What is Visible Thinking?
- Having students externalize their thoughts through speaking, writing, drawing or other methods
The Ted Talk below goes into more detail about visible thinking, why it is important, and some ways to incorporate it into the classroom.
Now, let’s go into more detail about 3 specific strategies that can be used in the science classroom!
1. Step Inside
- This strategy can be used to help students “get inside” another person, or thing in history, or current events.
- Students hypothesize what they think the person, or thing was/is thinking, or how they perceive the world around them.
- Students are asked questions such as… “What might this person/thing care about or wish would happen?” “What might this person/thing believe?” or “What can this person see or notice?”
2. What Makes You Say That?
- This strategy encourages students to voice their reasoning for how they are thinking.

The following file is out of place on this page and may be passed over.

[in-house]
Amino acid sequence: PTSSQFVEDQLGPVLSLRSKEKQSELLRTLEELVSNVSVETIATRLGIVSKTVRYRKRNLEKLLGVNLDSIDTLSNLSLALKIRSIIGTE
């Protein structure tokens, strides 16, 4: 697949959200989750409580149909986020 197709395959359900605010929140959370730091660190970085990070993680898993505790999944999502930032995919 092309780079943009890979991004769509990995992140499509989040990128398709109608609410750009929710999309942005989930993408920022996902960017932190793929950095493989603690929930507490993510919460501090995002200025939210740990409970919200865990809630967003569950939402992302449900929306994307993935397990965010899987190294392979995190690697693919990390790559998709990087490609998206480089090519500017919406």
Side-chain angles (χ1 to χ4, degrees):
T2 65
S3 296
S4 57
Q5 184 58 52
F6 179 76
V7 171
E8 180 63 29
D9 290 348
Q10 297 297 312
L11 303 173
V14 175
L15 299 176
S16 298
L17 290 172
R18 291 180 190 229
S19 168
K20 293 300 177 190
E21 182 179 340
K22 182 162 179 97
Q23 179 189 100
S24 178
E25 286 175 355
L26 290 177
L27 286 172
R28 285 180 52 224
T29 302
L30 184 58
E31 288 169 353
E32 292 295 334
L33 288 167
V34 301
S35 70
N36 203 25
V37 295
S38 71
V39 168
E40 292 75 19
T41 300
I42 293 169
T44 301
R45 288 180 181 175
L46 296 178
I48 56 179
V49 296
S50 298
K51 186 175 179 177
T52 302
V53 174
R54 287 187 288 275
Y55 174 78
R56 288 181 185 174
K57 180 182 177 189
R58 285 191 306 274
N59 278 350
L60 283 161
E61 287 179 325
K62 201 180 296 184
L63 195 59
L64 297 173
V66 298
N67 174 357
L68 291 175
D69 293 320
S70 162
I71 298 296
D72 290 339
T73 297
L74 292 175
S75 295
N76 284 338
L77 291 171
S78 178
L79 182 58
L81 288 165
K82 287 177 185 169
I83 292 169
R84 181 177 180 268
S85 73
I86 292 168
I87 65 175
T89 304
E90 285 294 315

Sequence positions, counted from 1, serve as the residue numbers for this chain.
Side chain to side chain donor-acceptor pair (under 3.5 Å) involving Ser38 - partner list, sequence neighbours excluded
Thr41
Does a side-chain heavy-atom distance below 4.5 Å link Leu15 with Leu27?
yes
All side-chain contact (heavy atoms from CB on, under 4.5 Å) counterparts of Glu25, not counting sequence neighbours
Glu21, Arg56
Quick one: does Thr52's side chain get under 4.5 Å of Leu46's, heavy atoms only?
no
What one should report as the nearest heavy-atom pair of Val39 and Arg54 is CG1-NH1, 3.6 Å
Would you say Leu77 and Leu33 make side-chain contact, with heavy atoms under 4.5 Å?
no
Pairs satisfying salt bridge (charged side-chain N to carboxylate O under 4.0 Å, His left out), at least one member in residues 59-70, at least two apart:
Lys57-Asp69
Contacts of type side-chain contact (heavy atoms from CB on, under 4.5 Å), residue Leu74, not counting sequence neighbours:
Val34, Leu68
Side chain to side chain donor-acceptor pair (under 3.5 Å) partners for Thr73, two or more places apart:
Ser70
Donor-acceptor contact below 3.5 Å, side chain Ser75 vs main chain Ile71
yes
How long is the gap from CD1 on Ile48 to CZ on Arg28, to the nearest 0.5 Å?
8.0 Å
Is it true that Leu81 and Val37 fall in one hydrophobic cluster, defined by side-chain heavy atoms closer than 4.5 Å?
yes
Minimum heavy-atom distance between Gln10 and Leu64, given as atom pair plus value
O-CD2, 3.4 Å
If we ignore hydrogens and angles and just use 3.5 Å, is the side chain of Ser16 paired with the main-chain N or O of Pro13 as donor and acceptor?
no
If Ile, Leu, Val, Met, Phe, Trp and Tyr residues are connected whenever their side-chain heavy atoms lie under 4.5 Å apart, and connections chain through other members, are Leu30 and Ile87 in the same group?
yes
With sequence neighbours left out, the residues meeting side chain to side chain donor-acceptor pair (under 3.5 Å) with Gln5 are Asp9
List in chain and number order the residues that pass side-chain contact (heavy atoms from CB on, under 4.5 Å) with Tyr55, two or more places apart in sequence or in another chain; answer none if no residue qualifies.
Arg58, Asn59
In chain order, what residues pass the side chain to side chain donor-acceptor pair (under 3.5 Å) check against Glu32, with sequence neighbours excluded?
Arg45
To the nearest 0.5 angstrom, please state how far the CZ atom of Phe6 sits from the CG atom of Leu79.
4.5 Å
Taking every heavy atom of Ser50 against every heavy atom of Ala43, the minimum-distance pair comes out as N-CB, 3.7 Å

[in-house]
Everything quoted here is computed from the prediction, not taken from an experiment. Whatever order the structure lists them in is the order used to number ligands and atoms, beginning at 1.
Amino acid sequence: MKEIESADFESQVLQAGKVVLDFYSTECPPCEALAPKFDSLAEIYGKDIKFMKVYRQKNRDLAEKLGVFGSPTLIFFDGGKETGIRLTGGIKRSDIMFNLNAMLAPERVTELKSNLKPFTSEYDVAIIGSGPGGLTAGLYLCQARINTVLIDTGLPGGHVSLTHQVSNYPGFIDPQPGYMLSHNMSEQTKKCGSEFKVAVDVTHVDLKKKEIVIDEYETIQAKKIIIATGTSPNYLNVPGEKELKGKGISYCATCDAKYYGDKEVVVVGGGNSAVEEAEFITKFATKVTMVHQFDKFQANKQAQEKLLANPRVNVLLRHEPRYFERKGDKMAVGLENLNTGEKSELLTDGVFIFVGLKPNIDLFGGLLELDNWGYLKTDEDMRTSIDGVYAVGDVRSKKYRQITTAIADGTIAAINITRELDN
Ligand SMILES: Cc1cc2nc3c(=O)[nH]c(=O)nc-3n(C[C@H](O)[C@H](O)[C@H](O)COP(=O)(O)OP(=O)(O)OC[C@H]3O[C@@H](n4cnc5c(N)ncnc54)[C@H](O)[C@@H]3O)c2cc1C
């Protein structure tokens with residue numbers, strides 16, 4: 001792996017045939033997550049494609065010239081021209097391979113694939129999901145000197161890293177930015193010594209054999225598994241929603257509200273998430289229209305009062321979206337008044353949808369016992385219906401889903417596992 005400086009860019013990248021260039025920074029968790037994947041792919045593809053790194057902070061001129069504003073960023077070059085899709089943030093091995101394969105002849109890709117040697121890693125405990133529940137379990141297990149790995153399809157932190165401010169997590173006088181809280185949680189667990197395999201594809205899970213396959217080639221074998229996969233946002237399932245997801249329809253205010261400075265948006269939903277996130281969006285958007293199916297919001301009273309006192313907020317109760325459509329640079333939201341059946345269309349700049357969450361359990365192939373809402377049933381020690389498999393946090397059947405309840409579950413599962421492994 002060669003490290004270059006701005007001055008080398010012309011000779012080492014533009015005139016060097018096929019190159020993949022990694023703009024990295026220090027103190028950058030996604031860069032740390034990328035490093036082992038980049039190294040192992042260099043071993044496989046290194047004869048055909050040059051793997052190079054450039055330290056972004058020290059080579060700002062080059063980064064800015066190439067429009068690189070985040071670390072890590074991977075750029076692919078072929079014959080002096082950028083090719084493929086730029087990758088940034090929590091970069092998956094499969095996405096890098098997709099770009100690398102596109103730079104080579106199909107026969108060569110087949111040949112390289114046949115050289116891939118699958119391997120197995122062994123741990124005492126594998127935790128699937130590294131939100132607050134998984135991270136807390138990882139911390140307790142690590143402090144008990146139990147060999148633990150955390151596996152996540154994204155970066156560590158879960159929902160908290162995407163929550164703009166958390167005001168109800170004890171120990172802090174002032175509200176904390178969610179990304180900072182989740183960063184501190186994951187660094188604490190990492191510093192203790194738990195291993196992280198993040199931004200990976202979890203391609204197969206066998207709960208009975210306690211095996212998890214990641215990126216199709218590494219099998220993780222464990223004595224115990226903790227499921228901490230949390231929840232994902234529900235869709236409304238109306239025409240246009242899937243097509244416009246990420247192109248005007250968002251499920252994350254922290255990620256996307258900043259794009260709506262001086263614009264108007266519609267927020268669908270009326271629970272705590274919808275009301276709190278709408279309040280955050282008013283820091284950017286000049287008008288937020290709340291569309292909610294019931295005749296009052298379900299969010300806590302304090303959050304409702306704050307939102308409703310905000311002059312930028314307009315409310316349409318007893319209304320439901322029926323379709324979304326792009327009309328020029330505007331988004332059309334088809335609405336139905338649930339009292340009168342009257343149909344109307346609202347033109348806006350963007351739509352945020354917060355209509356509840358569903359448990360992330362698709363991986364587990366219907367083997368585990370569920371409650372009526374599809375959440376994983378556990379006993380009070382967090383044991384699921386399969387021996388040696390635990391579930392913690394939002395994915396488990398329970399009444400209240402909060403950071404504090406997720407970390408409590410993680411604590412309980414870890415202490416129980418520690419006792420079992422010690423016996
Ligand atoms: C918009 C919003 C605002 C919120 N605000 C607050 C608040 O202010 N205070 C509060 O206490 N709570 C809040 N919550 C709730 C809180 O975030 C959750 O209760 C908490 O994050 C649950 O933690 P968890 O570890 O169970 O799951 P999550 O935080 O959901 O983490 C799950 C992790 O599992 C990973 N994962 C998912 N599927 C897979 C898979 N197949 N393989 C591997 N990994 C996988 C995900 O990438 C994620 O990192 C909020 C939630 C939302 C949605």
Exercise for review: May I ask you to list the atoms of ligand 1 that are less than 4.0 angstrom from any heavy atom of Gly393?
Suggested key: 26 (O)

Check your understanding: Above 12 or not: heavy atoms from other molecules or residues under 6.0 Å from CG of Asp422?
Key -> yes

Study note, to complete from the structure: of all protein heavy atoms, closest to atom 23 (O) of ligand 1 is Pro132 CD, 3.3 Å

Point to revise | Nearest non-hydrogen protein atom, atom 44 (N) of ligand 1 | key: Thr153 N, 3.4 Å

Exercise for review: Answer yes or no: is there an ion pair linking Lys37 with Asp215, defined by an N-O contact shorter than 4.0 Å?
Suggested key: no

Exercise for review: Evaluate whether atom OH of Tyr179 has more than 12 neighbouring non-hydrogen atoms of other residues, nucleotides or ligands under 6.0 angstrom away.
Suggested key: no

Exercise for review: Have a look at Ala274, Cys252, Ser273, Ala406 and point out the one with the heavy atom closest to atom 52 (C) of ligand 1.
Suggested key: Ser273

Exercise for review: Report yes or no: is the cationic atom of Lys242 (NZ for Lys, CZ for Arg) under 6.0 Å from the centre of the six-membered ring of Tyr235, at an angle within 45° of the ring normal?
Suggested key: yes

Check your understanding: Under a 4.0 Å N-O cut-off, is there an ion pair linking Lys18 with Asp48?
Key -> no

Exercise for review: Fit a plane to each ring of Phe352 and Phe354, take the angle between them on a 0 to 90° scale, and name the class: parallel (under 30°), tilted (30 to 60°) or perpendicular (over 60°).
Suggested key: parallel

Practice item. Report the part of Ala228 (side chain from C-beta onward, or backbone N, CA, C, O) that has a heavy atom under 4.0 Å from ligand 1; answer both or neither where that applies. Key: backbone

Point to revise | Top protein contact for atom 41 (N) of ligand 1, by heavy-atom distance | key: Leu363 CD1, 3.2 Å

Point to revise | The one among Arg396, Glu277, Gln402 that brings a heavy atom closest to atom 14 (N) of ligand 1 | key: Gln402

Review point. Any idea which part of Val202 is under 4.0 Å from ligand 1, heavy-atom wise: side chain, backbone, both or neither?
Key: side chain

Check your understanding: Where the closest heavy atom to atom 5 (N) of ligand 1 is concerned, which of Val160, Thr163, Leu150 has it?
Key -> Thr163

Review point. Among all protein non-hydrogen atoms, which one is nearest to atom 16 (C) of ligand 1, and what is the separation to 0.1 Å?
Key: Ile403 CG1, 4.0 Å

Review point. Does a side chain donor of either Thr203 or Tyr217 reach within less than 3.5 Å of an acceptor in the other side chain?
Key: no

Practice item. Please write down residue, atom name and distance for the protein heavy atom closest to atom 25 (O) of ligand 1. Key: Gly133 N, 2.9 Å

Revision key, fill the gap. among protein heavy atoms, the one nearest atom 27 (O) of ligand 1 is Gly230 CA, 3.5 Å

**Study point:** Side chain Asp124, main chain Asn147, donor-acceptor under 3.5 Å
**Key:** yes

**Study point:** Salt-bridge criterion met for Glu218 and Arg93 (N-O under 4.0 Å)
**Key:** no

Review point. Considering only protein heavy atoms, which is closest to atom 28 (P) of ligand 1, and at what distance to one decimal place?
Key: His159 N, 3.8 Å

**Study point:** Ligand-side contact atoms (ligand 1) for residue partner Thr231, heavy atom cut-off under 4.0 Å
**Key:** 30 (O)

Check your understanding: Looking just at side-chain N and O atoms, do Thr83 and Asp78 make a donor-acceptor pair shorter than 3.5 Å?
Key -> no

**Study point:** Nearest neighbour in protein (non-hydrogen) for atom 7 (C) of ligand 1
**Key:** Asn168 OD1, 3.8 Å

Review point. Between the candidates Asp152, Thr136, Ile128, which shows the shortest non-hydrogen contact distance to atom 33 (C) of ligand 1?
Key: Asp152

- Students are also encouraged to accept and explore alternative explanations to why others are thinking the way they are.
- Students are presented with the questions of “What’s going on?” and “What do you see that makes you say that?”
3. I used to think… Now I think…
- This is a great way for students to get a sense of how their knowledge and perceptions, or opinions about a concept, change over time.
- It can be used with a variety of different works such as creative writing, a news article, a video they watched or a book they read.
- The instructions are very simple. Simply ask students to reflect either on paper or verbally (can use words, pictures, diagrams, etc.) about what they used to think and what they now think.
- A way to get the entire class involved is to have students write their answers on post-it notes and stick them on the board. This can be followed by a class discussion.